Checking Level Changes of the Flats


An essential check we needed to run upon our Panama paraconical pendulum setup was to evaluate, to what extent solar illumination of the building over the day might cause the flats to tilt to and fro, due to thermal expansion/contraction of the walls and the ground etc.. For example, this type of objection was raised against the anomalous gravimetric results by Wang (see the prior art section of this website).

We operated with two high-sensitivity bull's eye levels, specified as having 2 mm bubble movement for 5 arc minutes of tilt. Since it was easily possible to verify the position of the bubble to closer than 1 mm, we think it is fair to claim that our observations were accurate within 2' of arc. (The diameter of the reference circle surrounding the bubble was 8 mm.)

The procedure was very simple. Early in the morning on a day which promised to be sunny, we parked the pendulums off the flats, and placed one bull's eye level on each flat. We made no particular effort to get the flat absolutely horizontal, so as to position the bubbles in the centers of the reference circles, since the objective was to measure variations. Then we took photographs of the levels at intervals during the day, to see if the bubbles moved.


Pendulum P1


This pendulum is located at the south-east corner of the building, so one wall and the pillar directly supporting the pendulum were directly exposed to irradiation from the rising sun from about 6:40 am until about 10 am, when a projecting roof started to be effective in providing shade. The general setup looked like this, with the bull's eye level on the flat:



By 8 AM the sun, which indeed that day did prove to be very strong, had been shining on the wall and pillar for a little over an hour, but actually they weren't particularly warm to the touch.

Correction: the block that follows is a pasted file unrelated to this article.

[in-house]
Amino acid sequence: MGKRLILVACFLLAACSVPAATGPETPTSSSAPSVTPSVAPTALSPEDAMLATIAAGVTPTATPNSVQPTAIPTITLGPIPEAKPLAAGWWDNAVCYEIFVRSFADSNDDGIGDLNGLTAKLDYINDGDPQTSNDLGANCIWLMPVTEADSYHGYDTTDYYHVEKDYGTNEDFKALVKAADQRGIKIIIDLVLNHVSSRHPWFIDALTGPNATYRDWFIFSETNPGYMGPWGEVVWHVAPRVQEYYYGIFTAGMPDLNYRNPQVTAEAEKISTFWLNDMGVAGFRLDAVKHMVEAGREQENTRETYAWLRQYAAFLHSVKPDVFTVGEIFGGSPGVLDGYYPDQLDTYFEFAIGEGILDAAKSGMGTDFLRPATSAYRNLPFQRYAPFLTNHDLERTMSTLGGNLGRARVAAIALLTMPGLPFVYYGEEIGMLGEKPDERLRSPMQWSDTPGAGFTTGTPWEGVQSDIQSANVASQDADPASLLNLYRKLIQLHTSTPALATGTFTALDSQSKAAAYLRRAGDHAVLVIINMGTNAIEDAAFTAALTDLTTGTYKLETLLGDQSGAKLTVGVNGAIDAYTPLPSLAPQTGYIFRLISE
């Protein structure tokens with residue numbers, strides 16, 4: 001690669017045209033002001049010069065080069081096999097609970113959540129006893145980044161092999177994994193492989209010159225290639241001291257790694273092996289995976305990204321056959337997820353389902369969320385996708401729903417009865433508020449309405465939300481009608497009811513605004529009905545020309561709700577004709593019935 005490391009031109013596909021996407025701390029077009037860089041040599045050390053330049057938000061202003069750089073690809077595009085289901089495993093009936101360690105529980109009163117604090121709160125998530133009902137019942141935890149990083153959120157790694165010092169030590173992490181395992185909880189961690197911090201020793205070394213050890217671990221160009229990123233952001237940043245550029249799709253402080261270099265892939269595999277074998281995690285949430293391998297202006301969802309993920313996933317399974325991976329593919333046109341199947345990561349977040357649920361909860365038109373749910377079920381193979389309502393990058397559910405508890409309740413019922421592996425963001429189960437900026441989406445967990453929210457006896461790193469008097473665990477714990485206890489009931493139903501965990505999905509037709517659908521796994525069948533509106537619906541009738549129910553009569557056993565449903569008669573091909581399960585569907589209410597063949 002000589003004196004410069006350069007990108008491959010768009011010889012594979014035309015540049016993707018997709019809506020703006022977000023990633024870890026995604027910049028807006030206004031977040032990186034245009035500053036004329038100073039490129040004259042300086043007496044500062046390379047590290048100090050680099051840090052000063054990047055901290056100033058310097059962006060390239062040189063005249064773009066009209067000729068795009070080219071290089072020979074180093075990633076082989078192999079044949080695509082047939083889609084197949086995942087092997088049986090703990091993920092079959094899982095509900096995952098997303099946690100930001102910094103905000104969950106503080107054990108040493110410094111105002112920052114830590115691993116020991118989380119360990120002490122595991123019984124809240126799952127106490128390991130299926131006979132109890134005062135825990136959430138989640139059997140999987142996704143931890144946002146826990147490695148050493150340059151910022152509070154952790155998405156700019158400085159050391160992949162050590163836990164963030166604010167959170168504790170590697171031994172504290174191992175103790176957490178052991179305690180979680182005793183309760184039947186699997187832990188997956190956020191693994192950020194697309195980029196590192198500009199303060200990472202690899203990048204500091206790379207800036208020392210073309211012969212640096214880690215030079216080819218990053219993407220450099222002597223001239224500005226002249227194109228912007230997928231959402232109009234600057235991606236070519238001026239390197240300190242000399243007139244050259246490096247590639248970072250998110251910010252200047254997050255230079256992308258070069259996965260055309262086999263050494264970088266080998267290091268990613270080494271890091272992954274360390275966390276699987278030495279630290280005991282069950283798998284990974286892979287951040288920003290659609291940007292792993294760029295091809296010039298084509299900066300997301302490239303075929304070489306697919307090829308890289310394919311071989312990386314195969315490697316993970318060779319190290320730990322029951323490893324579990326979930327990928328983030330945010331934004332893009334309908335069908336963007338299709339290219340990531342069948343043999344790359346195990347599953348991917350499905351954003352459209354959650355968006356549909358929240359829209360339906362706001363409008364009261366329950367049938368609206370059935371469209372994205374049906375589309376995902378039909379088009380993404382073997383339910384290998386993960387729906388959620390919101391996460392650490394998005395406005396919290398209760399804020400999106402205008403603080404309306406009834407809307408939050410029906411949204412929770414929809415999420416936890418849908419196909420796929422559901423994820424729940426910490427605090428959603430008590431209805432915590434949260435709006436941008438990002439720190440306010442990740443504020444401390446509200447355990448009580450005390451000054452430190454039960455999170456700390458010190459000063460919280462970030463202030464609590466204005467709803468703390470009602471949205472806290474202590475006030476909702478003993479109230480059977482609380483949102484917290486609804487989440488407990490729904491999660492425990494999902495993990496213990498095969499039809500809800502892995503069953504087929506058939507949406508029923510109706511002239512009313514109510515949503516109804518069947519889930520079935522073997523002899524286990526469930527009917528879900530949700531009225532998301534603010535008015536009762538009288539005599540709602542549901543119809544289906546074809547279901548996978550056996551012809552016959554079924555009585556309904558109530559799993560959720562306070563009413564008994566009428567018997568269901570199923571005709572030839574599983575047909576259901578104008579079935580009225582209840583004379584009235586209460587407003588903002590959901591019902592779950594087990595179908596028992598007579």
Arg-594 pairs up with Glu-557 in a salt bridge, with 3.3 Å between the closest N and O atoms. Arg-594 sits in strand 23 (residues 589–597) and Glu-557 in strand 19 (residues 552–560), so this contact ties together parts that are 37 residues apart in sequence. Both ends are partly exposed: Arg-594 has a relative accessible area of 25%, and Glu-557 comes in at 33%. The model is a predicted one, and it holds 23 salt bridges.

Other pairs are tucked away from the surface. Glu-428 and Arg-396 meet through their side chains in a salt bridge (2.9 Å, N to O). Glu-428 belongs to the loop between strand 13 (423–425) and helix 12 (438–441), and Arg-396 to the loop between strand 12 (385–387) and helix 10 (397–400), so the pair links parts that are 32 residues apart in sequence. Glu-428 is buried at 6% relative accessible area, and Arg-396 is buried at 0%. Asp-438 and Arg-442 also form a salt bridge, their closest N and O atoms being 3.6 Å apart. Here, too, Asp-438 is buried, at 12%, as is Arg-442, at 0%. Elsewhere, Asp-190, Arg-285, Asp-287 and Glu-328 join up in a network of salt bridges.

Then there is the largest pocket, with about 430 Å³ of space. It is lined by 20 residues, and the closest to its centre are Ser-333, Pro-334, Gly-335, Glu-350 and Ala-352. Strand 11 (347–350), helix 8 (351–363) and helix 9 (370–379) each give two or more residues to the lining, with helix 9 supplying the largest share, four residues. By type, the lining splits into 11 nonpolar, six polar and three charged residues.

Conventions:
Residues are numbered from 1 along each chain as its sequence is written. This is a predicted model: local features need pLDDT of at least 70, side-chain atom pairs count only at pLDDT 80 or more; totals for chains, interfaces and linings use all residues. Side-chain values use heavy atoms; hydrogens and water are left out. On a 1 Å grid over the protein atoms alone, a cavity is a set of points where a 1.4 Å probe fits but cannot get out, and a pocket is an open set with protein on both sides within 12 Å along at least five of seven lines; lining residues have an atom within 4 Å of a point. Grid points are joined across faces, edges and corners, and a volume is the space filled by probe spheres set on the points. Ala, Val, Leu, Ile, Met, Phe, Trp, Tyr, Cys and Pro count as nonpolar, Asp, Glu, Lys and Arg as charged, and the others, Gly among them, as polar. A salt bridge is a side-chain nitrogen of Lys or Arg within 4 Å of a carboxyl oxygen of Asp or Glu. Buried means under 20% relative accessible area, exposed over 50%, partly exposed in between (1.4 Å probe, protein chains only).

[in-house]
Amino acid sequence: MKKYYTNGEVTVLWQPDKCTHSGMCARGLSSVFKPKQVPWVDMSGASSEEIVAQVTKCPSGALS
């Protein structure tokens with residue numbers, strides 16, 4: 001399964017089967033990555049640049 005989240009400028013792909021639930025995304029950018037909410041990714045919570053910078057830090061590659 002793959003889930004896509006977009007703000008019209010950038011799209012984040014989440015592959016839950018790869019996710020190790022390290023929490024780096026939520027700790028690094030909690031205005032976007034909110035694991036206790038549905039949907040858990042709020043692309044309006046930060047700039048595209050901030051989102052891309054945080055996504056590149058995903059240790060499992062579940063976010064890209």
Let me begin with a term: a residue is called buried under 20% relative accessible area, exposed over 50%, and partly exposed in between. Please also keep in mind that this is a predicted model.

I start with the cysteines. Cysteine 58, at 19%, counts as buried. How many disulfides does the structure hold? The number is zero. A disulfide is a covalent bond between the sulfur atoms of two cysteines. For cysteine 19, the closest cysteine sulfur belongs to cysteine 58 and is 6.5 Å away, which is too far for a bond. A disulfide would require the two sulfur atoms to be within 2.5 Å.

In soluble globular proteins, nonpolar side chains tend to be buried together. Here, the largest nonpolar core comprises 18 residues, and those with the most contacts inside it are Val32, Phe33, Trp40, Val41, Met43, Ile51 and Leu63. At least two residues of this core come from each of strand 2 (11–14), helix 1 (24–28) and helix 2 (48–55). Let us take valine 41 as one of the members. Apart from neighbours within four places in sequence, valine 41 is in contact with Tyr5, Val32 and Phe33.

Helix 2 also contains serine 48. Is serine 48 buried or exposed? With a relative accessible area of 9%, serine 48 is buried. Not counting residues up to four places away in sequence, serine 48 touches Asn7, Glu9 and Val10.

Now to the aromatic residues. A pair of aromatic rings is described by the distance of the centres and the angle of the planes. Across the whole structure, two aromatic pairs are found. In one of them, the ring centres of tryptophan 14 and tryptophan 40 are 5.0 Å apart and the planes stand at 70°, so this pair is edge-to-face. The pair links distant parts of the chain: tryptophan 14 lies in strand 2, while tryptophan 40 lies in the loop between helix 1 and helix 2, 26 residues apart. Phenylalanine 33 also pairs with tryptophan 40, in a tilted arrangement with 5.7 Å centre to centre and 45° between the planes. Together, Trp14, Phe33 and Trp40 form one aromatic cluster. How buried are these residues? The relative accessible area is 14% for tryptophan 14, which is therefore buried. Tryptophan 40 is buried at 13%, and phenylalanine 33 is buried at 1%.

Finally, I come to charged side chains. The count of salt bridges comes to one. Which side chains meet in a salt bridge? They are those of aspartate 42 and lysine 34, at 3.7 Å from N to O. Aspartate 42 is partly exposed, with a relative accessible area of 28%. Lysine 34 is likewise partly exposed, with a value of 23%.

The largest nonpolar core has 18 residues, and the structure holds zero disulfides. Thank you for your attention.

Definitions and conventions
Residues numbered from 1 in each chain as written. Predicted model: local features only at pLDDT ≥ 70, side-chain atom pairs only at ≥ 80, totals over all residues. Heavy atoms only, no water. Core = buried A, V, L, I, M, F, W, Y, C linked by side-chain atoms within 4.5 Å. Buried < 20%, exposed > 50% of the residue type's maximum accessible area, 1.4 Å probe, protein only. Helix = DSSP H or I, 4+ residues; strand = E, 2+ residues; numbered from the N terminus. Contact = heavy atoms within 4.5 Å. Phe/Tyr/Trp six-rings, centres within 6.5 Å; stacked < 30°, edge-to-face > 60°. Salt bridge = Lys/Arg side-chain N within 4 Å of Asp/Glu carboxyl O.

And at 8 AM, when we first put the level in place, the bubble was positioned like this, angled slightly towards 7 o'clock:



The following photos show the bubble at intervals during the day. Obviously the lighting conditions and the position of the camera were a bit different for each shot, and the effect of the camera flash varied, but the general trend of movement of the bubble (nil) is obvious.

9 AM:



10 AM:



11 AM:



12 noon:



1 PM:



3 PM:



4 PM:



5:30 PM:



7 PM:



8 PM:



9:30 PM:



Long before 9:30 PM the whole area including the building had cooled off from the heat of the day to night-time temperatures. Clearly, in the case of this pendulum #1, there was no perceptible movement over this entire period of solar heating and cooling, and tilting of the flat during the whole day due to thermal effects was certainly less than 2 arc minutes.


Pendulum P2


This pendulum is located along the south wall of the building, which (in April) is never directly illuminated by sunlight, so one would basically expect tilting due to thermal expansion to be less, than in the case of pendulum #1. The general setup looked like this:



At the start, at 8 AM, the bubble level was angled slightly towards 4 o'clock, or maybe 4:30:



9 AM:



10 AM:



11 AM:



12 noon:



1 PM..... At this point, just before we went to lunch, a certain culprit (who shall be nameless) picked up the bubble level on this pendulum #2 and immediately replaced it, obviously not quite in the same position - thus spoiling the observations to a certain extent. You can see a certain difference in the position of the bubble here; it has shifted a bit towards 5 o'clock. Anyway, we carried on....



3 PM:



4 PM:



5:30 PM:



7 PM:



8 PM:



9:30 PM:



Anyway, apart from the regrettable lunchtime episode, again there was no perceptible movement of the bubble over the whole day, so that we can be morally assured that, in the case of this pendulum #2, again, the thermal tilting of the flat over the day was less than 2 arc minutes.



These observations should be considered in the light of Prof. Allais's memoir, "Experimental Determination of the Influence of Inclination of the Bearing Surface upon the Movement of the Paraconical Pendulum...", which is available in English translation from our Notes download page here. Basically, Allais found that even much larger inclinations of the flat than 2 arc minutes exerted very little influence upon the precession of the pendulum (as one might intuitively expect). Therefore I think we can be confident that thermal tilting effects due to expansion and contraction of the structure of the building, did not cause the variations in precession that we have observed.




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